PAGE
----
The Great Football Debate of 1998
Though not the University's showcase sport, the George Mason University Football program is a popular draw on the Fairfax Campus during the fall semester. Led by Coach Matt Dyson, the team has been successful for much of its history and has sparked enthusiasm on the campus during chilly fall weekends. Oddly enough, the Patriots do not play in Division I, II, or III. There are no scholarships for players. Football is currently a club sport at Mason.
A student-led movement at Mason to upgrade the football program was gaining momentum during the late 1990s. Its members pressured university officials to effect the changes necessary to raise its status from that of a “club” to an NCAA Division I-AA program. At the same time, another group advocated for the University's maintaining the status quo. The debate led to a monumental meeting of the Board of Visitors (BOV) in May 1998, where a tie-breaking vote was necessary to settle the issue.
Mason had seriously considered starting an NCAA Division I-AA football program as early as 1991. At that time the University already had several Division I athletic teams, which meant that a Mason football team would have to play in either Division I-A or I-AA. Division I teams are generally more expensive to maintain than those in Division II or III, due to staffing and scholarship requirements. The University decided to pursue a Division I-AA football team, mainly because a I-A team would be much more expensive to field. Maintaining a program even at the lower level, would cost Mason an estimated $1.98 million to establish the team and $5.3 million in facility improvements.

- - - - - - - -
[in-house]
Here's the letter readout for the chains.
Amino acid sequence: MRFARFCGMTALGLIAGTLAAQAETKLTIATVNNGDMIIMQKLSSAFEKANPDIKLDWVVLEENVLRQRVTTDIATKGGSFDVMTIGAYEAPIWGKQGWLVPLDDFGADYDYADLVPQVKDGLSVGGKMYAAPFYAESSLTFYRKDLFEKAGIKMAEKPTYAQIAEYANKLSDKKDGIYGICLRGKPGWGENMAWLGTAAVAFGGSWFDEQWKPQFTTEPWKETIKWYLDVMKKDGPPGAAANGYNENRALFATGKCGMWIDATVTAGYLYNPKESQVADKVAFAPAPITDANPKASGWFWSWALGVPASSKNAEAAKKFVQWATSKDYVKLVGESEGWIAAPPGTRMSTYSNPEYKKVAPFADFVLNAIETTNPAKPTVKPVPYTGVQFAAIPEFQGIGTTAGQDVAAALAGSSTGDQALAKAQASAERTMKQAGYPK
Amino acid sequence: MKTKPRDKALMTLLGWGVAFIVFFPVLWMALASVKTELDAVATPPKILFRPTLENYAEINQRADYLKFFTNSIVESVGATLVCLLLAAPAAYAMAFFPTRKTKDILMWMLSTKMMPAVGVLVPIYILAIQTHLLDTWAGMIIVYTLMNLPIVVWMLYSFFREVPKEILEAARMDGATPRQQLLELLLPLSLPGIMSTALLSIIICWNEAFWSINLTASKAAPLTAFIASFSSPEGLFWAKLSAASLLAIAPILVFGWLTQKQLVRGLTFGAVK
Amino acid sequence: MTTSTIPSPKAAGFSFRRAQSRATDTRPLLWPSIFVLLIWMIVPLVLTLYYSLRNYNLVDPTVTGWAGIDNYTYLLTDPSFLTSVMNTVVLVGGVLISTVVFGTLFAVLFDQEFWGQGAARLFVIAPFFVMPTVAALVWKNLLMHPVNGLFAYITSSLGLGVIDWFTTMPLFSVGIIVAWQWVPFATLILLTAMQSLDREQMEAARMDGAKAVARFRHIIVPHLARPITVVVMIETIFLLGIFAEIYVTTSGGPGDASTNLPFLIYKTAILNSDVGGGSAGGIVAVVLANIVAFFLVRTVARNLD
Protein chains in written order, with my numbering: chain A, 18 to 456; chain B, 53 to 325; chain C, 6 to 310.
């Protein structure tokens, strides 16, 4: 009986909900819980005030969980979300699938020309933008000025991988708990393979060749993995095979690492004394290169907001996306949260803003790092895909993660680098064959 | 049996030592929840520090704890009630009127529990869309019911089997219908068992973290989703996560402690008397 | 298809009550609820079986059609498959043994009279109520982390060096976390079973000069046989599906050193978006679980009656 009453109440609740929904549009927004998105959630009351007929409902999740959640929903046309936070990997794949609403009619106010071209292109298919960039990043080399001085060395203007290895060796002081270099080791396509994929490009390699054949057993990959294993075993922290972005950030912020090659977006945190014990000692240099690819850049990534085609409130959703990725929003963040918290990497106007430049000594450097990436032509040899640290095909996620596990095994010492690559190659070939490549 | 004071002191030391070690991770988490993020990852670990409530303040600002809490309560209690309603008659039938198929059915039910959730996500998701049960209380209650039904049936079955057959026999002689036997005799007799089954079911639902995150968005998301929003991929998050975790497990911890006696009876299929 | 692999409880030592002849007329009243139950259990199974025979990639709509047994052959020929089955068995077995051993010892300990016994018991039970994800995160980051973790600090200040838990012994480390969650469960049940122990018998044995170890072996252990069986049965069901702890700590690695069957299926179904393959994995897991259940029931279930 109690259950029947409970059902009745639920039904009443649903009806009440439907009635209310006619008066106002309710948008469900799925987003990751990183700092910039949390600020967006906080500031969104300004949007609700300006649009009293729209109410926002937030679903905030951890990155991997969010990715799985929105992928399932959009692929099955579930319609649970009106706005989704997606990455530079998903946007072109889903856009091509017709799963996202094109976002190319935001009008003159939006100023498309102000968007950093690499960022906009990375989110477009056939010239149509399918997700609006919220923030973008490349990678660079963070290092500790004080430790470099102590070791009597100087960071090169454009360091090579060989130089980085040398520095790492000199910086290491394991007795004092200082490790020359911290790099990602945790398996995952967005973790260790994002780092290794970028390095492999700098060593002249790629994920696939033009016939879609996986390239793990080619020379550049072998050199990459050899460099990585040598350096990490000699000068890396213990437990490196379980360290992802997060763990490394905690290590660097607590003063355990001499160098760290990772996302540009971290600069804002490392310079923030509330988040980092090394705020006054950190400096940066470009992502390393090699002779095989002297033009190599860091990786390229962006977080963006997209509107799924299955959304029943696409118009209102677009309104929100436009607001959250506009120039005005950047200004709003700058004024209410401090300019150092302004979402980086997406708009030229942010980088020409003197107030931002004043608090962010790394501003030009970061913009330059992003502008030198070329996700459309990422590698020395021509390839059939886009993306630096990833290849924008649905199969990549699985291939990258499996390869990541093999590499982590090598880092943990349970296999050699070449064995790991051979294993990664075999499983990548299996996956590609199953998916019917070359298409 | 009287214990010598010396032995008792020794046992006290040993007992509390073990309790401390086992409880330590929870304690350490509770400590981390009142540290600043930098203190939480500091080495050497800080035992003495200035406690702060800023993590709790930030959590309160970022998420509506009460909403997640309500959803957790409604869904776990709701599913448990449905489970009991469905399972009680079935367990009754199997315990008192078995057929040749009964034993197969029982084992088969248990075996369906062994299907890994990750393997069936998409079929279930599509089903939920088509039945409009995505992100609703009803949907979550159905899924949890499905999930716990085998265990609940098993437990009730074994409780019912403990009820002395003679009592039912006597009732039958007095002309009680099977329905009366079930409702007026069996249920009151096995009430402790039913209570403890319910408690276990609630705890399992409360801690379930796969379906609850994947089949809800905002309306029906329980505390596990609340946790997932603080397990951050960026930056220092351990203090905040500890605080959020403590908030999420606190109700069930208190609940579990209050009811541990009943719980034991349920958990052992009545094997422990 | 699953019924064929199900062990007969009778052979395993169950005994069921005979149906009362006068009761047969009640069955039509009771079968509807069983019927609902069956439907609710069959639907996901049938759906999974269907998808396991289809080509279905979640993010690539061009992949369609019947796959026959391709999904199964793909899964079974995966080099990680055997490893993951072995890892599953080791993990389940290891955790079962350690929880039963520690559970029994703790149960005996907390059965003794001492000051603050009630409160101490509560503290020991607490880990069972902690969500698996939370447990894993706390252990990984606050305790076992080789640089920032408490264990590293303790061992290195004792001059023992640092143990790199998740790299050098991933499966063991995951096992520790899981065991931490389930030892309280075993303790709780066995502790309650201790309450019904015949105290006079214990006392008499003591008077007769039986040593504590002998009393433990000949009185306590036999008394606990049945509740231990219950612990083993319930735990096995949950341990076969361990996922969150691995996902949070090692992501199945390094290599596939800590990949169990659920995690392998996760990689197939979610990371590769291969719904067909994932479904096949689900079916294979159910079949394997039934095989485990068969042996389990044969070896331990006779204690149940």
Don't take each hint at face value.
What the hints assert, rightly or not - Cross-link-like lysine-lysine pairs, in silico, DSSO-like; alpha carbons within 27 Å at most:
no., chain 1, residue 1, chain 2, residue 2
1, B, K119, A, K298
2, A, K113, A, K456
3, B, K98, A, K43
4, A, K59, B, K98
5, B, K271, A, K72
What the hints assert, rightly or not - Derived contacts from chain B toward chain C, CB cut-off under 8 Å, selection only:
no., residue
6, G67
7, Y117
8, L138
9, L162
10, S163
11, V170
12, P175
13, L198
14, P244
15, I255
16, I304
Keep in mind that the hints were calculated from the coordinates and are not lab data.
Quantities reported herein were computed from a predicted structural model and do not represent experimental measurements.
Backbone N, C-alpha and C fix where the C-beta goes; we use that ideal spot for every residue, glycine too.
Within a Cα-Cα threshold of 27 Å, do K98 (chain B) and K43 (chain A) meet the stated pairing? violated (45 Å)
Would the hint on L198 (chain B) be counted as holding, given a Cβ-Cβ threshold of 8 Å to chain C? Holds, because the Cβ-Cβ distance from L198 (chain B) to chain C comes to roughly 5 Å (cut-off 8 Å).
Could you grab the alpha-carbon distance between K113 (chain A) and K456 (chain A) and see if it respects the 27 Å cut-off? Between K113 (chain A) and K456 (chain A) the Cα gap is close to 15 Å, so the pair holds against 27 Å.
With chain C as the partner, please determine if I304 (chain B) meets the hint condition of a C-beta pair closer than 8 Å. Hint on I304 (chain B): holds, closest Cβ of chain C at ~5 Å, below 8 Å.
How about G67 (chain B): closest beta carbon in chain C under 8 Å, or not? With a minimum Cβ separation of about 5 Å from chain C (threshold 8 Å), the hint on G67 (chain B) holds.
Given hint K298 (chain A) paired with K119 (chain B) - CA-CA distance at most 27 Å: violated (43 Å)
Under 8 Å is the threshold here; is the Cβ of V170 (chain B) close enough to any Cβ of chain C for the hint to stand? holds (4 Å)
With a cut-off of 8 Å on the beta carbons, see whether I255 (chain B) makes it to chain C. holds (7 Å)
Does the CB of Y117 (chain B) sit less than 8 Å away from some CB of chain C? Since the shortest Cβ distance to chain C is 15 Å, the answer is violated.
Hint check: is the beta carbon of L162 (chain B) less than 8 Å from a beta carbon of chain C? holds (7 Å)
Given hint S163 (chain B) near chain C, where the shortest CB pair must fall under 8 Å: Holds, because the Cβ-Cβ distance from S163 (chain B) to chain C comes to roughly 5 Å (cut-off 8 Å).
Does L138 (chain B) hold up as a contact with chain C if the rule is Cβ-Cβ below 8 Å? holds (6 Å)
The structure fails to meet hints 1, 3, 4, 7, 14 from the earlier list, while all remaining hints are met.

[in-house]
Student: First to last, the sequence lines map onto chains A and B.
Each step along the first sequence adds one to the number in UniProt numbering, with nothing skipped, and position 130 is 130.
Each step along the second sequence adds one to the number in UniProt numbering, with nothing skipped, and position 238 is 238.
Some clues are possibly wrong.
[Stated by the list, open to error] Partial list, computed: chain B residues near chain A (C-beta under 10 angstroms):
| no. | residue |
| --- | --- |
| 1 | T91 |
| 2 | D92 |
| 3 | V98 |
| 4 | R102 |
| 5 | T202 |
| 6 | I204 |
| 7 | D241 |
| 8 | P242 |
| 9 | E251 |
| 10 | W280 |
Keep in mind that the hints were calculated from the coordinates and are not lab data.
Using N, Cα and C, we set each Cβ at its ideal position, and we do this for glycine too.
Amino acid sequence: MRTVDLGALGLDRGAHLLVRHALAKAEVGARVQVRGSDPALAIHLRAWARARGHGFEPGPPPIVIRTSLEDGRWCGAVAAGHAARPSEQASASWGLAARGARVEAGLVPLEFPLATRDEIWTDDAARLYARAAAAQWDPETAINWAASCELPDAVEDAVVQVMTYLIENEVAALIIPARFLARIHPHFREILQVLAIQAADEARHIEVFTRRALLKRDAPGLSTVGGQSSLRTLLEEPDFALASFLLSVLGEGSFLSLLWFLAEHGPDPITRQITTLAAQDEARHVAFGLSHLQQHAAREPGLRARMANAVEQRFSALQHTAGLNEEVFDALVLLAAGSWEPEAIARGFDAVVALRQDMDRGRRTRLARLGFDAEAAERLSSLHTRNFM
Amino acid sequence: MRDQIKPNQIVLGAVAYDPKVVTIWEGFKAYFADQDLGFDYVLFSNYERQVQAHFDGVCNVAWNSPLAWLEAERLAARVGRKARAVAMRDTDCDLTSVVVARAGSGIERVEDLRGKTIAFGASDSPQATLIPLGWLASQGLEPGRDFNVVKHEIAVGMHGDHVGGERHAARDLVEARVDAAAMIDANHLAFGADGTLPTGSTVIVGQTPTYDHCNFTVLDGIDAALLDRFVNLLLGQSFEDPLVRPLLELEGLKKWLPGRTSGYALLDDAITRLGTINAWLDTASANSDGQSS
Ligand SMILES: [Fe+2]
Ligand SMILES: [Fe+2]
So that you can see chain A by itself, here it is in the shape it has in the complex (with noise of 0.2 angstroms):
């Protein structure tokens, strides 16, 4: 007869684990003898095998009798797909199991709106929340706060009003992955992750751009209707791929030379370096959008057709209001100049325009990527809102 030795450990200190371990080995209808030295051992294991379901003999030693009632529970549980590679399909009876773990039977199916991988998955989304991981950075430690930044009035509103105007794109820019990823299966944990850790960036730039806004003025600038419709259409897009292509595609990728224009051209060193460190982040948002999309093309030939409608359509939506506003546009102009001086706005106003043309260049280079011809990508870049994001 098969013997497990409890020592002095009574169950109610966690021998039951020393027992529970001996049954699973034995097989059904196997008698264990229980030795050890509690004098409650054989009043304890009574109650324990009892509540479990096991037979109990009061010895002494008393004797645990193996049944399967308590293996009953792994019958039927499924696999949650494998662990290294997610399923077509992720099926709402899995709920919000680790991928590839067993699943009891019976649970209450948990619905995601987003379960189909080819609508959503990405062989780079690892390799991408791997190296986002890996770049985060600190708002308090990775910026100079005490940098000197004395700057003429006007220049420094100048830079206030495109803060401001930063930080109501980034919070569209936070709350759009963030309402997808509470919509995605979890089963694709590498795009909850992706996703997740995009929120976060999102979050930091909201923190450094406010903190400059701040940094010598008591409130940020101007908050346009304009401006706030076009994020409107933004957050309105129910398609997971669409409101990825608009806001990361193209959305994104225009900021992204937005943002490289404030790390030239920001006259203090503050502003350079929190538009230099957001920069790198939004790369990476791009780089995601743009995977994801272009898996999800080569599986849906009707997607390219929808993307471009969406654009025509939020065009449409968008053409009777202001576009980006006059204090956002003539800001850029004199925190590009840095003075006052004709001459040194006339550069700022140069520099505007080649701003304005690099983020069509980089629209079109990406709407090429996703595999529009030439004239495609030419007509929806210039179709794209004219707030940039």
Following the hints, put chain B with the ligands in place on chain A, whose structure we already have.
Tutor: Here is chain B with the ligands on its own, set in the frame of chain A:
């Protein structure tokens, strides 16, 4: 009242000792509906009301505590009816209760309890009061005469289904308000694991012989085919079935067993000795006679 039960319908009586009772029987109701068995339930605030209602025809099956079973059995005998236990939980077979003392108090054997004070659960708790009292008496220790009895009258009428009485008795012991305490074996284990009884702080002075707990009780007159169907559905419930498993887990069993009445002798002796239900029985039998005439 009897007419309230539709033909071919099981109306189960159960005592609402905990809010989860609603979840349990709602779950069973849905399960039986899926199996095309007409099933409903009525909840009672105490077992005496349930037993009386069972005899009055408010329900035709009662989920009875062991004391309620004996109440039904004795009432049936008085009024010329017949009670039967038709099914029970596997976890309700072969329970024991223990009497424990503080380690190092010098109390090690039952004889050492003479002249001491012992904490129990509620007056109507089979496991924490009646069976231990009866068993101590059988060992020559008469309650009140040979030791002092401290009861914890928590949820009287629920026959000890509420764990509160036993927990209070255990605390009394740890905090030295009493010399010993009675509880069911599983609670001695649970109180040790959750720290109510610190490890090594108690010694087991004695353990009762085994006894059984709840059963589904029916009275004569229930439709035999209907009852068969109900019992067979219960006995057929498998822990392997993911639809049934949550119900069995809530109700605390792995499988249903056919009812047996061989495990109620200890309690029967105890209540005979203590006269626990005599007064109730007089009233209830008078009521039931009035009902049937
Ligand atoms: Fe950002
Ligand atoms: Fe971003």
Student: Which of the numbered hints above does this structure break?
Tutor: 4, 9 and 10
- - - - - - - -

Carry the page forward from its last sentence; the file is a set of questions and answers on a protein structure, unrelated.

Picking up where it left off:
Other costs would need to be factored in, such as monetary obligations to women’s sports teams, which were required by law if Mason planned to add such a large men’s team. These costs would, in the end, have to be passed on to students. University officials calculated that it would necessitate a $200 fee increase per student to create a 1-AA team.  In the meantime, a football team at the “club” level was established in 1993, and led by Head Coach Dr. Joseph Pascale, Sr. The team performed reasonably well, and enjoyed a decent attendance record for home games heading into the 1997 season.  However, in late October 1997, while compiling a perfect season record, Coach Pascale was dismissed.  Senior Athletic Director Tom O’Connor had reason to believe that Pascale had allowed an ineligible player to participate during the 1997 season. The team, unhappy with Pascale’s abrupt termination and the University’s apparent refusal to allow the coaching staff to choose Pascale’s replacement, unanimously decided to boycott the rest of the season. While University President Dr. Alan G. Merten supported the Athletic Director’s decision, Coach Pascale believed he had been wrongfully terminated.  Pascale petitioned for a full hearing before the BOV, expressing his belief that the University fired him simply because he was a strong advocate for a Division I football program at Mason, while others in the administration were not.